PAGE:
Reports Boris Johnson is “very excited” about the idea of tenants being able to buy their housing association homes
Government officials have reportedly been working on plans to revive the idea of giving housing association tenants the right to buy in England, according to press reports.
The Daily Telegraph reported prime minister Boris Johnson is “very excited” about the idea of housing association right to buy and thinks it would be a way of solving the issue of ‘generation rent’.
Right to buy was first introduced by Margaret Thatcher in the 1980s for council housing tenants, and in 2015 the then prime minister David Cameron came up with the policy of ‘voluntary right to buy’ for housing association tenants.
But after a pilot scheme in the Midlands, the voluntary right to buy was never implemented. The pilot scheme revealed that a lack of land and insufficient funding raised from sales were barriers to the promise to replace each home sold.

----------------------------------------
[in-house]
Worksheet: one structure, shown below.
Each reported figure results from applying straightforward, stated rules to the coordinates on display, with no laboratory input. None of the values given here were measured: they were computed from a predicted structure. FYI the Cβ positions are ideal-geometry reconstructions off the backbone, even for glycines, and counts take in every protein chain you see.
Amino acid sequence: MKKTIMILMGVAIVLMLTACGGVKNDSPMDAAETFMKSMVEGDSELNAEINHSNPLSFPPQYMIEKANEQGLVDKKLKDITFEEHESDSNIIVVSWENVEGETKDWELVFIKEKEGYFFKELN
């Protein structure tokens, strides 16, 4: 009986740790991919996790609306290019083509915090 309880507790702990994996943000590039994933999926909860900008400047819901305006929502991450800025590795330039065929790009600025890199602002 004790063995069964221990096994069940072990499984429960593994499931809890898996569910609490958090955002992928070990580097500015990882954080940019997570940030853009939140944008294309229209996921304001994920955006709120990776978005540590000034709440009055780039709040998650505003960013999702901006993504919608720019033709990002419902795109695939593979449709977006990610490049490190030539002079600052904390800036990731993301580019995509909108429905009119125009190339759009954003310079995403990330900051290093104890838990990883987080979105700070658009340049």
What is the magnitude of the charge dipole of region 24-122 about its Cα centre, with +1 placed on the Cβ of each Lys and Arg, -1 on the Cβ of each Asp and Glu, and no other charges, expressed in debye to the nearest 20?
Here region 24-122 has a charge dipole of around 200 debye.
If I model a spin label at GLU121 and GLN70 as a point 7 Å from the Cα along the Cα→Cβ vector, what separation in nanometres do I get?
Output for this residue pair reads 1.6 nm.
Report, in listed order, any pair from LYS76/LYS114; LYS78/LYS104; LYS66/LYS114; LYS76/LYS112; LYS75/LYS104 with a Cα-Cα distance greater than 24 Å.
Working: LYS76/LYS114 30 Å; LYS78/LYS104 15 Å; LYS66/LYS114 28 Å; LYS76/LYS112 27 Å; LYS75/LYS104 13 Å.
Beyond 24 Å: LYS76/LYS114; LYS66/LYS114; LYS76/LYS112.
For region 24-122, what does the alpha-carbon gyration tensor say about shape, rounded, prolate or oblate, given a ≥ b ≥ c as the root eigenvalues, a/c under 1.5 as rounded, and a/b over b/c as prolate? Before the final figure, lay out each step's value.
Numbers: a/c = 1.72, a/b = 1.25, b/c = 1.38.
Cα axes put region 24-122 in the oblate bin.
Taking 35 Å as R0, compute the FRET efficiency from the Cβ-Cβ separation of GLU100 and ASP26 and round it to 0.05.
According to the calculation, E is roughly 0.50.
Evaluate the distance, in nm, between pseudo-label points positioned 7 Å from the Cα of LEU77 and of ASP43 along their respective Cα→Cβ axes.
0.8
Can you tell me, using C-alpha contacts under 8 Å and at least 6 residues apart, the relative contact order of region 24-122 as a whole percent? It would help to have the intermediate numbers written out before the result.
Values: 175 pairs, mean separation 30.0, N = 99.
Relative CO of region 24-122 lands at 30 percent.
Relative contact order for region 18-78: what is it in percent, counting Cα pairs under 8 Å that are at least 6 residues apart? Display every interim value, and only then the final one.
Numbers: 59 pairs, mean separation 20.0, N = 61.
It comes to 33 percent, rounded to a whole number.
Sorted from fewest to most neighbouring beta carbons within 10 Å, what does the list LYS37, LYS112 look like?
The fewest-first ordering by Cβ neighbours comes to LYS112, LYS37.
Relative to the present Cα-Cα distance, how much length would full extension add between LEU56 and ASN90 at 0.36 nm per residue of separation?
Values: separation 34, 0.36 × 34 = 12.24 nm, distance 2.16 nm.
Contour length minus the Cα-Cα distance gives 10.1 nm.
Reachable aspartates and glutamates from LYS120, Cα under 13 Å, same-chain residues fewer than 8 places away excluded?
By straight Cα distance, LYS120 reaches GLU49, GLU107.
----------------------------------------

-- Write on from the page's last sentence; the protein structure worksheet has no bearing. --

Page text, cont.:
The news comes at the same time as the government is contemplating scrapping the Section 106 system by which developers provide a certain number of affordable homes, in favour of requiring payment into a national Infrastructure Levy.
The Telegraph also said officials were looking at the possibility of the money the Government pays in housing benefits going to help recipients secure mortgages. It is believed tenants would be able to get up to 70% discount on the market value of their homes.
The Telegraph quoted a government source as saying: “The prime minister has got very excited about this. It could be hugely significant.”
“In many ways it is a direct replica of the great Maggie idea of ‘buy your own council flat’. It is ‘buy your own housing association flat’.”
It is estimated the policy would allow about 2.5m people in England to buy their housing association home. Scotland scrapped the right to buy for council tenants in 2016 to protect social housing stocks.